I texted her back about how no one cares what we wear to the theatre (pronunciation!), that I was eating and that I would see her in 30 minutes. Approximately 2.3 seconds later I heard the “ting” of my phone once again and this text exchange began:

Mom: Uncle June wants to go to the show! Bring Uncle June so he can “Hear the People Sing!”

Me: Ha! (Thinking she was kidding and trying to be polite, seeing as I was eating. See rule above.)

Mom: No, I’m serious. Bring Uncle June. I want to take his picture at the show.

Me, realizing she was entering crazy mode: Mom, I’m not bringing a pocket gnome to the theatre. Or my camera, since they’re not allowed. I’ll see you in a bit.

Mom: If he doesn’t go, I’m not going. I’m not kidding either. Bring Uncle June.

Me, realizing she was progressing into stubborn bitch mode, and leaning that way myself: No gnome. Zip it. I’ll see you in a bit.

Then my phone rang, the sound of which filled every cell of my being with the urge to fling the damn phone out into my backyard, a yard several small woodland creatures are currently “occupying” with small picket signs in a show of solidarity again my bird seed of choice.

The details of said phone conversation are not important, as she hung up on me. So I called again, and to avoid another tantrum I relented and told her Uncle June could go if she would a) shut up about it b) take responsibility for him and c) promise to be on her best behavior.

Summary: I am a 30 year old woman who had to bribe her mom with a gnome.

So we  left, her bouncing in the passenger’s seat with excitement, gnome securely placed in her purse. All was going well until I went to use the bathroom before they started seating, leaving my mom in the crowded lobby.

Upon my return I found her propping Uncle June up on a lobby chair, artfully arranging him with the program and ticket stub for his impromptu photo shoot. She had no camera, but she had her phone, a phone that doesn’t have Internet to transfer the photo for others to see.

But she also had a group of elderly patrons gathered around watching this woman take a picture of a gnome with the camera on her phone.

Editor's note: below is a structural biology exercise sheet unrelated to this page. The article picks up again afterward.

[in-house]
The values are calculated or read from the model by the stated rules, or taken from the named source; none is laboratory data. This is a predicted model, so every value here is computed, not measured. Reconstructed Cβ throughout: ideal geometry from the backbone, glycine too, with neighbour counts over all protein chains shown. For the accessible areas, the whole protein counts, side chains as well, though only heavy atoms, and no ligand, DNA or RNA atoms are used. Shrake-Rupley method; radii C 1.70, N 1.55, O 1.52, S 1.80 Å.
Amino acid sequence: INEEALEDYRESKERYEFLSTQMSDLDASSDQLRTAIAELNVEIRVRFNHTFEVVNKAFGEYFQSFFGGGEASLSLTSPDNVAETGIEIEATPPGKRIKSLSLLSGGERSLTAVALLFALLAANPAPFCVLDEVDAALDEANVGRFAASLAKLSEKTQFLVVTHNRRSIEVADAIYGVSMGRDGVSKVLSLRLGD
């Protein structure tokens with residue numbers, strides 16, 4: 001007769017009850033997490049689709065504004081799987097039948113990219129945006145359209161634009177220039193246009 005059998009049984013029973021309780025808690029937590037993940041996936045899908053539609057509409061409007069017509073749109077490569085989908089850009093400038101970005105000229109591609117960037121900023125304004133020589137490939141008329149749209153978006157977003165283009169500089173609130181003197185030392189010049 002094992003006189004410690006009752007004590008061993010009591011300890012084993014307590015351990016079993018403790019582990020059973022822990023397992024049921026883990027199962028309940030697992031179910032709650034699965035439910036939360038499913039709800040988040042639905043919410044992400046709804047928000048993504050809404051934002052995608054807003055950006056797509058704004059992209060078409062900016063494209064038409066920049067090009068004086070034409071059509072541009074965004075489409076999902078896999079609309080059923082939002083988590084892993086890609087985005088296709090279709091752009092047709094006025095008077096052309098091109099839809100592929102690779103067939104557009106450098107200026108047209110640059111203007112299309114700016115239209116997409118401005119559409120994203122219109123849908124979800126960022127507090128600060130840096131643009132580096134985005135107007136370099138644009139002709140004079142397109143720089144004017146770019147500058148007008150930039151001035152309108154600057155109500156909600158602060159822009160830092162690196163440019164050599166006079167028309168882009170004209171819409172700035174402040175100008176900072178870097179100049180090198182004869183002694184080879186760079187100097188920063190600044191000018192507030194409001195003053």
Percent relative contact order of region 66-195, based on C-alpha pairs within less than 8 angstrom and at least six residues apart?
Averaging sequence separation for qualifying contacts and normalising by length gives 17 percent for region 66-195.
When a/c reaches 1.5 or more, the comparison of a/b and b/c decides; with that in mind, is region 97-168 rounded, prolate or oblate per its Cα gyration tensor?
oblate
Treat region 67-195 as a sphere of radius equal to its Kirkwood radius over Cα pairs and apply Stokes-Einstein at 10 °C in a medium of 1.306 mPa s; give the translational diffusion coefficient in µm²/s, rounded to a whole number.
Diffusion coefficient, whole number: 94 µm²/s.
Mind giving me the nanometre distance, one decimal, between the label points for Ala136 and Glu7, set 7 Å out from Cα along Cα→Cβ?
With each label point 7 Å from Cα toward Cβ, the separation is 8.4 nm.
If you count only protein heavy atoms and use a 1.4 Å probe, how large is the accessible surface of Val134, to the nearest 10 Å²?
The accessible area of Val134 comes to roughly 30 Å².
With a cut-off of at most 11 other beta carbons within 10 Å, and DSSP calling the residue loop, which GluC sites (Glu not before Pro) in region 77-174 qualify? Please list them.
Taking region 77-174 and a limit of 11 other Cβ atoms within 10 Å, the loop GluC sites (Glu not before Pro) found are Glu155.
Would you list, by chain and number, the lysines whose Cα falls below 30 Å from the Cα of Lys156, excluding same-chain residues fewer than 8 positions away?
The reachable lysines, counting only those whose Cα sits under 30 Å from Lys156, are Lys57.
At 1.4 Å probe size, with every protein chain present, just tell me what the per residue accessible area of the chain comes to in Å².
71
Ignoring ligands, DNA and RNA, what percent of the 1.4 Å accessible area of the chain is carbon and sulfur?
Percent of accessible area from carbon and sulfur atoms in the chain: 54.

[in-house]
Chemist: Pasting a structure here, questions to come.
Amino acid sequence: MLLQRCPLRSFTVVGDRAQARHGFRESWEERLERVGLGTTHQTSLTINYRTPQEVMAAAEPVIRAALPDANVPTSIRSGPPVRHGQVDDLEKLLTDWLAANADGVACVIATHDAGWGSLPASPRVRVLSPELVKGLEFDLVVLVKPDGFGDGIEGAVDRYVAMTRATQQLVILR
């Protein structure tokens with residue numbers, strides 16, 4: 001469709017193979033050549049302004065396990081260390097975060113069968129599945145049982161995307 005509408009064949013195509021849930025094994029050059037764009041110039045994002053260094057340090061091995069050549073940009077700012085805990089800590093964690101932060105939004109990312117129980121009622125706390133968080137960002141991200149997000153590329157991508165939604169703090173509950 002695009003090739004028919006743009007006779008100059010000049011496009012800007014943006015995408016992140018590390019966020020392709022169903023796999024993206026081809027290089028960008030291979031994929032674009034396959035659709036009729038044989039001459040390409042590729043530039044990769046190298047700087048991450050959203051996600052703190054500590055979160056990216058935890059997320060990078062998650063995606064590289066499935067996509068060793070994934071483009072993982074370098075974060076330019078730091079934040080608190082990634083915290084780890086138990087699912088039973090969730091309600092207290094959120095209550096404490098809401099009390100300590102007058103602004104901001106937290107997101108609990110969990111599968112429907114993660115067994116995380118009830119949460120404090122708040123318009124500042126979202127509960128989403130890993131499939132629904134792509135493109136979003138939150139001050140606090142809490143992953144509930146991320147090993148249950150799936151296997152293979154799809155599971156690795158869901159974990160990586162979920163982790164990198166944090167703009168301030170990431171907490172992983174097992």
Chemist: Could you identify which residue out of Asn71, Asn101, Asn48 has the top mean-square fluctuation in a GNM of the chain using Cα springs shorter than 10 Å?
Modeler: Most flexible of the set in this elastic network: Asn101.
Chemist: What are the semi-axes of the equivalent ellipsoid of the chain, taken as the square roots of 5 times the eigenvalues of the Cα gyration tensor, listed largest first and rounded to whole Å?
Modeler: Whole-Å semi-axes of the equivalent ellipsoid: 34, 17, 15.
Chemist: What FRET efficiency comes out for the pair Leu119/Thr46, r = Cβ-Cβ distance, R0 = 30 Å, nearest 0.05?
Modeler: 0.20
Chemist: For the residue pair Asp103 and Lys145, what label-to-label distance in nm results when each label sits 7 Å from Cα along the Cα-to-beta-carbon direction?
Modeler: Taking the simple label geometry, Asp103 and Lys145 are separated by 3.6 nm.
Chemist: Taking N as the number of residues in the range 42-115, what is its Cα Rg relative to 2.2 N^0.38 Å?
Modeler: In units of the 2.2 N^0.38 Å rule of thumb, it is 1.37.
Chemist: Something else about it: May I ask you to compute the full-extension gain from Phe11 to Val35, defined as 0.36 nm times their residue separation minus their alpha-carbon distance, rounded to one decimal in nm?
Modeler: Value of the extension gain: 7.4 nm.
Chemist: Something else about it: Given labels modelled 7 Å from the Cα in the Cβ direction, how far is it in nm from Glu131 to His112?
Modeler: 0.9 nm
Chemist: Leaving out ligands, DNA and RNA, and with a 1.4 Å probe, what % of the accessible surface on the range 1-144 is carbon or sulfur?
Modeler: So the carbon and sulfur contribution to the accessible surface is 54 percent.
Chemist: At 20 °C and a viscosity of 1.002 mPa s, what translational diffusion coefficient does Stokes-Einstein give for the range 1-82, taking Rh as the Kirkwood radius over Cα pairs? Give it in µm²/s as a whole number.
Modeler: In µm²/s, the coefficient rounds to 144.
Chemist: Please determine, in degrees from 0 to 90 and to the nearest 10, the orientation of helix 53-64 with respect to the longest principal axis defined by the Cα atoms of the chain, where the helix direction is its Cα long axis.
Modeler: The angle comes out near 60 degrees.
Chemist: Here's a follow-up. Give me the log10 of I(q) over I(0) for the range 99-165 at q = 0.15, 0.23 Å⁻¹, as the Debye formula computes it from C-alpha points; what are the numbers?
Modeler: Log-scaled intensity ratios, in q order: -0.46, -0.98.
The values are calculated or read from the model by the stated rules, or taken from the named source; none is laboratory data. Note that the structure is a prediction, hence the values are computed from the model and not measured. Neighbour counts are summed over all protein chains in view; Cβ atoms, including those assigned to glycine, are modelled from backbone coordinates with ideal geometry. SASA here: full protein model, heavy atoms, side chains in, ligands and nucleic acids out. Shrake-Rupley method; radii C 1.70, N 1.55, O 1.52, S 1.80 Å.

junelesmis

This was taken at home, not at the theatre.

Like I said, there are no words.

This post was partly based of the Studio 30 Plus prompt this week:

The Gift

It was also partly based on the fact that I took my mom to Les Miserables as part of her Christmas gift and she refused to go unless I brought a gnome—mostly that.

Speaking of gifts: Buy the Book. Save a Kitten.

Merry Muting

I understand that commercials are a necessary part of TV programming, but I have to think my grandma had it right when I was younger, as she would mute the TV every time a commercial came on.

She would often get distracted and forget to unmute which meant I never found out the first Jeopardy answer after commercial break, but creating those three or so minutes of silence makes much more sense now that I’m older.

Don’t get me wrong in that there are a lot of good commercials out there—I have been and always will be in love with the Slowskys—but the majority of ads that run are horribly annoying.

Now I don’t know if I’m just getting old and Scroogey, but this year it seems the holiday commercials are the worst.

Exhibit A—the Target Woman.

crazy-ladyjpg-98ce6b1a31832762

I tweeted a couple weeks ago how I wouldn’t be sad if this Amy Sedaris lookalike who screeches and pulls a variety of rubber faces as she gets in shape for Target’s doorbuster sales was hit by a bus. Although the sentiment might have seemed harsh at the time, I feel it’s fitting after having been exposed to her for the past two weeks.

I’m sure she’s a nice person, but her character is insane and she makes me slightly stabby, as did the Kohls Rebecca Black-ish version of their Black Friday jingle.  While I’m sure creating conversation was the point—well played Tar-jay—visions of violence dance through my head when exposed to her antics.

Exhibit B—Jewelry ads

Cue cheesy background music and a setting that involves a fireplace and gently falling snow, with two people casually huddled around the tree with hot cocoa as he pulls out a small box to surprise her with a rock of some sort.

kay21

They kiss, hopefully enticing the viewer into going out and making an expensive purchase to complete their own holiday scene. 

Blech.